It’s here! Week one of my new hobby and attempts to take better photographs. I will be hosting a guest blogger here each week, who knows a thing or two about photography, and asking them to share tips with us so that I can improve my rather shabby and non-existent skills. We really are taking this one from the start, people! You can read more about it here, and I do ask that you come along with me for this journey, and blog your development and learns, too, if you’re so inclined. There will be a linky open every Wednesday until the following Tuesday night, inviting you to come share. Please do. It’ll spur me on!
So, on we go, it’s our first lesson, from Em at Snowing Indoors….
An Introduction to Photography 101
You don’t need an all singing and dancing professional camera to take fantastic photographs, let’s face it, the best camera is the one you have with you. The graph below shows that the most popular cameras currently on Flickr (an online photo sharing site) are iPhones, outnumbering professional digital SLRs significantly.
You could have the world’s swankiest camera, but if it’s at home when you see something you really want to capture then it’s next to useless. This photography series is going to describe how to improve your photography whether you use a full frame, digital SLR, a point and shoot or the camera on your phone.
My top 5 tips to get you started on your journey to photographic awesomeness are as follows…
1) Read the manual. You don’t have to take notes and memorise it, just have a flick through and see what cool tricks your particular camera can do. If an aspect or function catches your eye, try it out, experiment and have some fun.
2) Experiment with semi-manual. If you have an SLR or point and shoot camera see if you can switch to aperture priority, where you select the aperture (which affects the depth of field and how blurry your background will be) and then the camera ensures that the other settings are correct. This is a great first step towards going fully manual.
Even if you’re just using your camera phone find out what it can do, can you play with the exposure or shutter speed?
3) Find photographers who inspire you. These don’t have to be great artists like Diane Arbus or Ansel Adams, find a blogger who’s photographs you like, then work out what draws your eye to them. Is it the way they use light in their photos, the colours or subjects? Use their photos as inspiration, maybe try recreating a photograph of theirs that you love.
I always loved the documentary style photos taken by Tara Whitney and Louise Buma and so tried to emulate what they did. Doing this changed the way I viewed the world, no more fewer awkward posed photos of the kids, instead I got down on their level and took photos of the things they were doing, which ultimately were the things I wanted to remember.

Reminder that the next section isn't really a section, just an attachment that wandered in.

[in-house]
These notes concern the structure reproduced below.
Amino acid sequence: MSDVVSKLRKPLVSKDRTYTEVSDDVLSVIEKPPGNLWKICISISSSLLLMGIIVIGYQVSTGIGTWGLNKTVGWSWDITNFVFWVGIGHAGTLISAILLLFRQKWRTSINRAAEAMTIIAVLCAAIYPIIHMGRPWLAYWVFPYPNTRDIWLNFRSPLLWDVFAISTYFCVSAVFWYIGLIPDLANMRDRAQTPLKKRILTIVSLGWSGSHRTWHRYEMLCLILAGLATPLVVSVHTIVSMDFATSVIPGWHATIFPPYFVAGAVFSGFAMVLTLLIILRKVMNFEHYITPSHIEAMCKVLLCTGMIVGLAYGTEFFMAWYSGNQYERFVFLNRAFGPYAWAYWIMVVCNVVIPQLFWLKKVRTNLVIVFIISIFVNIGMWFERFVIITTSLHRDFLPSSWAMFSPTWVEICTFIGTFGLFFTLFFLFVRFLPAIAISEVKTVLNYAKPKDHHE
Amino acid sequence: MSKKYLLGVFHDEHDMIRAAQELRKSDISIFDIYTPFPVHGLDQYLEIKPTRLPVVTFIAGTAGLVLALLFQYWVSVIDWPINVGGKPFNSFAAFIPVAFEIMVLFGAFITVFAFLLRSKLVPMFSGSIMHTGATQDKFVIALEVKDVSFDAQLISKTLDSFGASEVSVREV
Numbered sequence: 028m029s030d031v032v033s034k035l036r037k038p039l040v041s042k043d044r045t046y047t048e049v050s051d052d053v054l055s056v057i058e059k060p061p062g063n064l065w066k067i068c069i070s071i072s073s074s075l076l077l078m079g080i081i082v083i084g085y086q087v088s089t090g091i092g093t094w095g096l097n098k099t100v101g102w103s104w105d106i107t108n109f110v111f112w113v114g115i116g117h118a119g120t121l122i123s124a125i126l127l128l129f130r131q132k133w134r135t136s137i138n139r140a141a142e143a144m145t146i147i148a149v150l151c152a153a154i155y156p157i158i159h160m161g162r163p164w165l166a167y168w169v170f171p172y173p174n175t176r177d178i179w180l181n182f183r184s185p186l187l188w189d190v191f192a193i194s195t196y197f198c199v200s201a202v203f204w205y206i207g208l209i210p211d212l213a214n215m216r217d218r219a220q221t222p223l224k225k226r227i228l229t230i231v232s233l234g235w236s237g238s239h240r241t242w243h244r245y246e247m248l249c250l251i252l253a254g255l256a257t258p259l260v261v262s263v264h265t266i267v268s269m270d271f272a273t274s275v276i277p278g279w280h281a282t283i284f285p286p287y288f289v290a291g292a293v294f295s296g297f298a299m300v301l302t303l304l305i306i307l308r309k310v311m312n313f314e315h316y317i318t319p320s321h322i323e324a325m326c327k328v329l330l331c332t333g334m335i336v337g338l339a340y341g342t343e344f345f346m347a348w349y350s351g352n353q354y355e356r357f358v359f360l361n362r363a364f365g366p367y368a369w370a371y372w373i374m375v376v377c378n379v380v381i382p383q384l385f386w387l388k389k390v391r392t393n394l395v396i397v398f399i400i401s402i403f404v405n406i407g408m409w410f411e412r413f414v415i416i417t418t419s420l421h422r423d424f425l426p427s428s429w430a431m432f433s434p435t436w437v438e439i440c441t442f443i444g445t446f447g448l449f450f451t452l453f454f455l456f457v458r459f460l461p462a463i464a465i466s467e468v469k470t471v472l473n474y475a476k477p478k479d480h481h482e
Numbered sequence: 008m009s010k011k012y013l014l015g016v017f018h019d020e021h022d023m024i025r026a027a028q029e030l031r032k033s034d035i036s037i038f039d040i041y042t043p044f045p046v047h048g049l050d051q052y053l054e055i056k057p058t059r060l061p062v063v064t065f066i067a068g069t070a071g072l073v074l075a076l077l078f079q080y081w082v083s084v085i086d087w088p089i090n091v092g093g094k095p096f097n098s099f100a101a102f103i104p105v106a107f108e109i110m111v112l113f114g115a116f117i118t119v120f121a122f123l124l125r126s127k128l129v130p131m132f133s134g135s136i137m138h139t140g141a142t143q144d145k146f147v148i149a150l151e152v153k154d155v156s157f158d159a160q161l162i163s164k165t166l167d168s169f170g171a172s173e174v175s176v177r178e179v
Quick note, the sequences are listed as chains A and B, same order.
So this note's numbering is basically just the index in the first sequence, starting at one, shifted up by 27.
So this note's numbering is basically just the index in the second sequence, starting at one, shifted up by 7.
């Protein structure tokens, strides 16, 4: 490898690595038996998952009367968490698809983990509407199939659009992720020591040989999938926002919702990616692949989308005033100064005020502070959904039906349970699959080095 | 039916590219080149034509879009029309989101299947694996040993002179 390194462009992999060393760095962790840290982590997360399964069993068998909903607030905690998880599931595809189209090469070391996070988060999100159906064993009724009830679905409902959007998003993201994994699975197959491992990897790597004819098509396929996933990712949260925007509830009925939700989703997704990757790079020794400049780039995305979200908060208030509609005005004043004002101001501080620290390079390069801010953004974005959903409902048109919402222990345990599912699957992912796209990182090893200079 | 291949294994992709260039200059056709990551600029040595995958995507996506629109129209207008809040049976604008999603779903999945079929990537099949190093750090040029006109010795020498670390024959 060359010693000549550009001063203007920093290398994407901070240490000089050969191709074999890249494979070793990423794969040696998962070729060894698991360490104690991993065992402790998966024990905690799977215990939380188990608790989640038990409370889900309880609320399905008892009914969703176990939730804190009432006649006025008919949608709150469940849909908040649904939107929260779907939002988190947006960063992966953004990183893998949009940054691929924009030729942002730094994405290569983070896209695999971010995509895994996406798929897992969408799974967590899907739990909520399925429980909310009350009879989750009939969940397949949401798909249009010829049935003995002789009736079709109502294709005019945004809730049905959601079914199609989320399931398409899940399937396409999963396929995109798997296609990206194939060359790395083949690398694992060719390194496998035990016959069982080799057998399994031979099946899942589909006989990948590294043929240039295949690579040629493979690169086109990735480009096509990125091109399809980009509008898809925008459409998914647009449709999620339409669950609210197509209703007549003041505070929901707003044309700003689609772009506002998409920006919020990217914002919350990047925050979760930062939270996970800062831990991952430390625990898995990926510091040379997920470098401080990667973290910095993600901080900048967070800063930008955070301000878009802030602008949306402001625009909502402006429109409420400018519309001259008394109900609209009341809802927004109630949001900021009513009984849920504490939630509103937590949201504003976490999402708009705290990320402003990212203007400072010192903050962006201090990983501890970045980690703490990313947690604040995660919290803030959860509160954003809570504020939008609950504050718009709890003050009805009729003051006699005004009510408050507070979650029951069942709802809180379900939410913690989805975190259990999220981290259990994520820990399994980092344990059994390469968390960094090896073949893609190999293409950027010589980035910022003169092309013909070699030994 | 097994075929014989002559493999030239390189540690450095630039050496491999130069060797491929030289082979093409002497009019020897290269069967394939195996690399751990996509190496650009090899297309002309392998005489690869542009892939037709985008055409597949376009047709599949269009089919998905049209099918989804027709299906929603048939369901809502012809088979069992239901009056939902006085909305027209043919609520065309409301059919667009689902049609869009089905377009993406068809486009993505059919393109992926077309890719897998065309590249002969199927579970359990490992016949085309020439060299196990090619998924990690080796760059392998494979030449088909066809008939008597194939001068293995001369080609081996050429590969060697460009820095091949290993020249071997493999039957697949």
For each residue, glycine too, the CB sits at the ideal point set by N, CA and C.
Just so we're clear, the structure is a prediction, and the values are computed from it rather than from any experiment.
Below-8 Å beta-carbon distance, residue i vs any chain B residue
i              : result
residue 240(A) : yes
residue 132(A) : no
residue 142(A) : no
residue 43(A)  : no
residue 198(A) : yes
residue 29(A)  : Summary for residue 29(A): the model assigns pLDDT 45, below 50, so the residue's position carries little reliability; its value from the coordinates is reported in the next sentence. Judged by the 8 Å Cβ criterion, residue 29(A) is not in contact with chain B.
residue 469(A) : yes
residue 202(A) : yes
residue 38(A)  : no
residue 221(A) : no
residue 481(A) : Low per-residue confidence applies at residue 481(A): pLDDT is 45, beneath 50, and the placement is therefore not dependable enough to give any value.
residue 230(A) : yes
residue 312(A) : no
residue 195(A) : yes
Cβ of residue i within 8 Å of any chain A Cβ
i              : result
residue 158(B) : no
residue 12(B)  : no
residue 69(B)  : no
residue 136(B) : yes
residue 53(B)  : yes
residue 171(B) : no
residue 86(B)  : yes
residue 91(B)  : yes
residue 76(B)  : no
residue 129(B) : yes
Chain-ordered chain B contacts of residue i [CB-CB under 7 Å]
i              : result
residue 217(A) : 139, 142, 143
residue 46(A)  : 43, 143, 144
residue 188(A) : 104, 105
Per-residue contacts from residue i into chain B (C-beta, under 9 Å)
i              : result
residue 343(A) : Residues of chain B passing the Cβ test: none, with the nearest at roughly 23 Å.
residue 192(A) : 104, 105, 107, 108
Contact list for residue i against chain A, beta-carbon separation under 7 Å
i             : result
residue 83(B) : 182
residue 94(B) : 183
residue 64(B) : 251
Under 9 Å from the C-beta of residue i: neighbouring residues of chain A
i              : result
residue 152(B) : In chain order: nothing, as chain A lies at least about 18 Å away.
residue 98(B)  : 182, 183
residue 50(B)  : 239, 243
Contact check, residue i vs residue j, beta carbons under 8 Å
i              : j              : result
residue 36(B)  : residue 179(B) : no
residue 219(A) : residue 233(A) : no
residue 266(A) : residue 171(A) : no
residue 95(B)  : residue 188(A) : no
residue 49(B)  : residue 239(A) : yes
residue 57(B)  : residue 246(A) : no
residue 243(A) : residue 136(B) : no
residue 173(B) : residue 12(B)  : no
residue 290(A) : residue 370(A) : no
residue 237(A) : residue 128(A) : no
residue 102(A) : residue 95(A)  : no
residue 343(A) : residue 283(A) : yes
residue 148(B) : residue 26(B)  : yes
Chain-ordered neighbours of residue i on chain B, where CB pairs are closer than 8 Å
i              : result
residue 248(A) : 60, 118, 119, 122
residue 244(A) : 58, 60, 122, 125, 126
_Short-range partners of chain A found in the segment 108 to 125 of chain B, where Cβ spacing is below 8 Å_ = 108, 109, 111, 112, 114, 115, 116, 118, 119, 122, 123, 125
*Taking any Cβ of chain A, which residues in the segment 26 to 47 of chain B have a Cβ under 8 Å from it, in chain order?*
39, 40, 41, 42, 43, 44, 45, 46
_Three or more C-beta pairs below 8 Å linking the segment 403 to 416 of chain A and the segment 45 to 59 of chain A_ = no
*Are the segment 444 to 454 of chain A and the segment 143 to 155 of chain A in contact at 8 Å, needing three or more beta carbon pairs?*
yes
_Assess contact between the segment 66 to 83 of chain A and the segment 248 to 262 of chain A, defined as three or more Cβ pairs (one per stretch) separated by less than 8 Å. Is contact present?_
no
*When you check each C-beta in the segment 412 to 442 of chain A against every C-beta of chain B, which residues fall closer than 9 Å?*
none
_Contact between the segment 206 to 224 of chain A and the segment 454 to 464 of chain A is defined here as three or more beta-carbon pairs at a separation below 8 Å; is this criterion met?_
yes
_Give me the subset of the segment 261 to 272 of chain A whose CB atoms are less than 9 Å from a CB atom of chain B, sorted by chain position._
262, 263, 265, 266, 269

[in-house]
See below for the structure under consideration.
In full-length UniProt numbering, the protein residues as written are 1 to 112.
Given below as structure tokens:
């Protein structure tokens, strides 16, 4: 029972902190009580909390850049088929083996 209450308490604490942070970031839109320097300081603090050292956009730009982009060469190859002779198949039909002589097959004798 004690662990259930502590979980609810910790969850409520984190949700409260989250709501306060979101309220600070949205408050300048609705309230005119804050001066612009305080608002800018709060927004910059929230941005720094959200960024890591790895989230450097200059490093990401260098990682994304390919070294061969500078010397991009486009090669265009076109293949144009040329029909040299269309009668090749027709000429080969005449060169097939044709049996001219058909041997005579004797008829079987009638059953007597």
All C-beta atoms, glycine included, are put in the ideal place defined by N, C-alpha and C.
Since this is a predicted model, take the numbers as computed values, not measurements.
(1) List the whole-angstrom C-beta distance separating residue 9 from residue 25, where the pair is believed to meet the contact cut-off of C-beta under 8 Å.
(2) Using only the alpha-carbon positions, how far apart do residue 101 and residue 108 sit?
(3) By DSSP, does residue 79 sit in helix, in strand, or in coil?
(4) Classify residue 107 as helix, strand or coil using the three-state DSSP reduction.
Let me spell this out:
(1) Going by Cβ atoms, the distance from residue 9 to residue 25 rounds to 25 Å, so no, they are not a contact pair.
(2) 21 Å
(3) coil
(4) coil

4) Start a Project. Whether it’s taking a self portrait once a week for a year, trying to photograph every mail box you pass on your way to walk or taking a photo once an hour over the course of a day. Starting a project is great for focussing your enthusiasm and can help you notice little details that may have escaped your eye before.
For the last 4 years I’ve taken a photo a day of each of my kiddos. I can see exactly what they were wearing or doing any day in their lives, I can see how toys fell in and out of favour and tell you the exact date of first haircuts, steps and teeth.
5) Practice and have fun. If you’re not having fun then it’ll be harder to learn.
So that’s it, go out, join Instagram or Flickr, find new friends, photographers who inspire you, search for lines, shapes, shadows and patterns, experiment and have fun with photography. I can’t wait to see what you choose to photograph.
Em is a stay at home Mum who blogs about life with her 2 kiddos at snowingindoors.com. She has a passion for photography, reading, learning through play and eating crisps!
Em spends her days walking to and from school, building Duplo towers, pushing swings, reading stories (& doing all the voices), dancing to Yo Gabba Gabba and enjoying pretend tea parties.
Thank you so much, Em! A fabulous starter for us all, and I was interested and relieved to see the iPhone being used so much, as I take most of mine like that.
I’ve taken it on board, as you’ll see in my next post. How did you get on? Leave me a comment or blog & link it 🙂
Next week’s lesson is on ‘perspective’, so do come back for that…